MOYNE Shire will keep watch over a proposed wind farm near Dundonnell despite requests from the company to hand over the planning process to the state government.
Energy group TrustPower has asked the council to “call in” the planning minister to take responsibility of the planning process — removing council from the picture.
The company argues government handling would speed up the application.
But the request reopened old wounds at Moyne’s monthly meeting on Tuesday night, with some councillors saying the council had been hard done by in the past by developers.
Moyne Shire is still pursuing AGL Australia for a cash settlement to repair roads around the Macarthur wind farm.
Cr Colin Ryan summed up his position saying, “I don’t have confidence in the government department to be able to handle this application”.
“Time and time again they’ve shown to be wanting and have left us on numerous occasions with quandaries on what to do with various goals when it was their job all along,” Cr Ryan said.
Cr Jim Doukas said he didn’t have faith in the department’s “shortcomings”.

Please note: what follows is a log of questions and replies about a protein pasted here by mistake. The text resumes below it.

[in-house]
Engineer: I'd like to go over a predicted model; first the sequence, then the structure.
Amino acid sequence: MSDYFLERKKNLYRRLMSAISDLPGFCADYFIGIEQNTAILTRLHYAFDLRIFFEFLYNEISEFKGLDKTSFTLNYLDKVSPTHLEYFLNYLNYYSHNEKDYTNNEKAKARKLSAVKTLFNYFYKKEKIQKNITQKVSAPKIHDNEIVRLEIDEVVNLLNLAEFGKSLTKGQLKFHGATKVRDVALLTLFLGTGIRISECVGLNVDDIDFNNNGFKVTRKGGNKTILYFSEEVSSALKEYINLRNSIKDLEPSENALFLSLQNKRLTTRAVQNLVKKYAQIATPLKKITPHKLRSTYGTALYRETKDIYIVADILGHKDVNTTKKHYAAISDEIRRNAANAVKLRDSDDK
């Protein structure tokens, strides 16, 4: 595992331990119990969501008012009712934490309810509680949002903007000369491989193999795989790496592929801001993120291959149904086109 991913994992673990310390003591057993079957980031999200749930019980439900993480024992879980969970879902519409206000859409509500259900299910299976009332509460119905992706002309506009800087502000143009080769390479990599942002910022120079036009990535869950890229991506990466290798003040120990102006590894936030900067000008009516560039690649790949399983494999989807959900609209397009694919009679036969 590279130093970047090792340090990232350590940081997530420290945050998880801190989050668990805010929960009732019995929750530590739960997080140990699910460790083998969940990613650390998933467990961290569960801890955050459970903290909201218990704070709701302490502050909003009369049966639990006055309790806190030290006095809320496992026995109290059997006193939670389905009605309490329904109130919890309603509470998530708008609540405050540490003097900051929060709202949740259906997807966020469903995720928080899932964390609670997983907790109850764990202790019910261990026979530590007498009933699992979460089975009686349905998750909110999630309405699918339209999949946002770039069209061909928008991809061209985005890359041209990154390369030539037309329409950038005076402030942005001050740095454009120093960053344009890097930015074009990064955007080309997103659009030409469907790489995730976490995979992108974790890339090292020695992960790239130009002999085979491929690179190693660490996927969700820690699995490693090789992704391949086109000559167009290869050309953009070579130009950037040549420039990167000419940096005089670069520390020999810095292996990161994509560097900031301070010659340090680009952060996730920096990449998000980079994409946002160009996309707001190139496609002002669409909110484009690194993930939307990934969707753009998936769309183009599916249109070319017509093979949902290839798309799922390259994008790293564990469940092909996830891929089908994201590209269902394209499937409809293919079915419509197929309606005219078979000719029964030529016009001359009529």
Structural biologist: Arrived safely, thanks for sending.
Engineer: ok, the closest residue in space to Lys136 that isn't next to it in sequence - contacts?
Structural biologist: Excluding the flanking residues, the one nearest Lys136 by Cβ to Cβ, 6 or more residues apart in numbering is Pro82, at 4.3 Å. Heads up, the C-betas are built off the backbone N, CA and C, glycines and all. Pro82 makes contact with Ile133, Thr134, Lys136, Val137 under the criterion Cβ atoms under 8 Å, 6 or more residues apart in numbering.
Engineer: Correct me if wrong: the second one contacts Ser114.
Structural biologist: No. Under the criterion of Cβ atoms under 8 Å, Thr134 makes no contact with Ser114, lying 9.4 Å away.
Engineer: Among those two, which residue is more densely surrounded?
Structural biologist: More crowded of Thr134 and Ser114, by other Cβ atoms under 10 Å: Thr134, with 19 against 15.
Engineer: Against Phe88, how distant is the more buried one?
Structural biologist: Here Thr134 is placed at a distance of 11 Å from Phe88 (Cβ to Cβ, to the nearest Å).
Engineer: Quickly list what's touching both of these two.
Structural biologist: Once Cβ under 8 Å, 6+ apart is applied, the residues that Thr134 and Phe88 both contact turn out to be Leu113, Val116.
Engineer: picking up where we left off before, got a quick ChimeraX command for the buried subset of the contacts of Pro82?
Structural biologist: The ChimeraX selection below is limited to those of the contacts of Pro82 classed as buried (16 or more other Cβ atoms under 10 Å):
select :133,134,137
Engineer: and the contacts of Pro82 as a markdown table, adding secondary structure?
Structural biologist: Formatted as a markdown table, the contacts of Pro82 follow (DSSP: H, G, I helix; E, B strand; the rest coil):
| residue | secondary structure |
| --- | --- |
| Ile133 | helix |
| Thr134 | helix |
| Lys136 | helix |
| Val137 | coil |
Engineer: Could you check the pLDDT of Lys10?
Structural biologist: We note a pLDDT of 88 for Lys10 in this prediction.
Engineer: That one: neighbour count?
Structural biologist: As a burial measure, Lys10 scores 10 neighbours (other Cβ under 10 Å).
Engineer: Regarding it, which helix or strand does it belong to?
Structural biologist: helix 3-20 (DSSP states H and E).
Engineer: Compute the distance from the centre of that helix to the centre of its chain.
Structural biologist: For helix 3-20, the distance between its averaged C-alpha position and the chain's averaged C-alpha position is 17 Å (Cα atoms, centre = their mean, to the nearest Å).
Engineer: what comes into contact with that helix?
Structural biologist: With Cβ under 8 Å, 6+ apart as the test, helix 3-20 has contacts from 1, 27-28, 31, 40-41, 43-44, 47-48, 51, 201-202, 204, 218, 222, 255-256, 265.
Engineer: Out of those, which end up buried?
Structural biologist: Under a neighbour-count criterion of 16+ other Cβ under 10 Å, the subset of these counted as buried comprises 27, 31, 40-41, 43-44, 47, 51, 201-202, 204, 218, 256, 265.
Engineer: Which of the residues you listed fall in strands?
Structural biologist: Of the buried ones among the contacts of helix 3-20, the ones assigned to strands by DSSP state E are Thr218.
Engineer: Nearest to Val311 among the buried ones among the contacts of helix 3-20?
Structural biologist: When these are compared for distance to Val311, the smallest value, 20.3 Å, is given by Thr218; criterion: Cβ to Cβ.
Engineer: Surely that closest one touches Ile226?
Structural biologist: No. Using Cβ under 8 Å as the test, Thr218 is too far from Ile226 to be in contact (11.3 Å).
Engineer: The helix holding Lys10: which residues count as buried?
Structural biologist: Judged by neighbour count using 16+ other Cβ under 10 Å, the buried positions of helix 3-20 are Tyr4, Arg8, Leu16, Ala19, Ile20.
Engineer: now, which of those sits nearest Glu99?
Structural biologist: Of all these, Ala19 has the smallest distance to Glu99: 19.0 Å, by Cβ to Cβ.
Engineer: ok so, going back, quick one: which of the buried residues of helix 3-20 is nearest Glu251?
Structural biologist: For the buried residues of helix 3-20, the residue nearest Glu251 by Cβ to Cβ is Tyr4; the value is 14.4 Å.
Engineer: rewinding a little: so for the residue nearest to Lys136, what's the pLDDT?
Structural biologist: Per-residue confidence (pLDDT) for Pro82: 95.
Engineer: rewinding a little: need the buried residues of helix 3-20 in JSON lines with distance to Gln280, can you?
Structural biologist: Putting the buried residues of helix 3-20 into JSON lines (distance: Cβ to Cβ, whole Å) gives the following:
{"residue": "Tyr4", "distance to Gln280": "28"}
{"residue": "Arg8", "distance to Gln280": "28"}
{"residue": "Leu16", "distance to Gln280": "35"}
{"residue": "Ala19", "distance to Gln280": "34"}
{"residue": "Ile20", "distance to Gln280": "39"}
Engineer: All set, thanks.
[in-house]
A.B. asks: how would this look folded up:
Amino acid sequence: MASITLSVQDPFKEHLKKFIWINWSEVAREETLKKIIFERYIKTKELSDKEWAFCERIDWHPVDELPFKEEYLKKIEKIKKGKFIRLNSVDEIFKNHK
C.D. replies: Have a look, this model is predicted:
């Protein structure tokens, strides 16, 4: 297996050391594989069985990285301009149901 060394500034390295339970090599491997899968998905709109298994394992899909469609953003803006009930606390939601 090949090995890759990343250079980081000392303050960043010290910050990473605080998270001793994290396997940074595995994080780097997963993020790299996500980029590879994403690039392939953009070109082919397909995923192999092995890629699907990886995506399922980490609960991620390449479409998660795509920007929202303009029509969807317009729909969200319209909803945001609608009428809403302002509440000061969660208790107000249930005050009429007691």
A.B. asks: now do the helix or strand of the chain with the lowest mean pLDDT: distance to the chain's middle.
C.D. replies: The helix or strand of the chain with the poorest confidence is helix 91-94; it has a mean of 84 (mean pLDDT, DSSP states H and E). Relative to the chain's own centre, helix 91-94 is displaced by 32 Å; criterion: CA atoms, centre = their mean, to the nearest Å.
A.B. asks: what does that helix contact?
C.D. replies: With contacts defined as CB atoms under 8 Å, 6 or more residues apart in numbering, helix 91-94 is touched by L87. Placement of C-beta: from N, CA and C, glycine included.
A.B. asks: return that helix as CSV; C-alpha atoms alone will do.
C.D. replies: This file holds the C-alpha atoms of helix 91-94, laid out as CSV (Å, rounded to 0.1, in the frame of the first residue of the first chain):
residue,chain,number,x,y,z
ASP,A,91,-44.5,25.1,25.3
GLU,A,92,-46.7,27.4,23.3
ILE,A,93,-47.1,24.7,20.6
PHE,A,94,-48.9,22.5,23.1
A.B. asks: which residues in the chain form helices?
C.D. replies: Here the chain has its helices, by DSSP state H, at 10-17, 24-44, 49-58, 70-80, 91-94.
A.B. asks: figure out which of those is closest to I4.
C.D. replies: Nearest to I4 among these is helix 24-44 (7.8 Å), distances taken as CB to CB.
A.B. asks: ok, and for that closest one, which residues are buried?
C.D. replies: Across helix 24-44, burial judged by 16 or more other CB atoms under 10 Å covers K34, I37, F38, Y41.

The planned 104-turbine wind farm was ordered by the government to undergo a rigorous environmental effects statement (EES) to ensure the turbines wouldn’t harm the endangered yellow-bellied bat.
TrustPower want the minister to take charge to roll the planning and EES meetings into one.
But councillors unani-mously voted down the motion because of concerns it would remove them of any say over the wind farm.
Moyne’s sustainable development director Oliver Moles said the minister could intervene if the case had statewide ramifications but said council wanted to maintain control because of issues such as roads.
“We want to control the planning ourselves,” Mr Moles said following the meeting.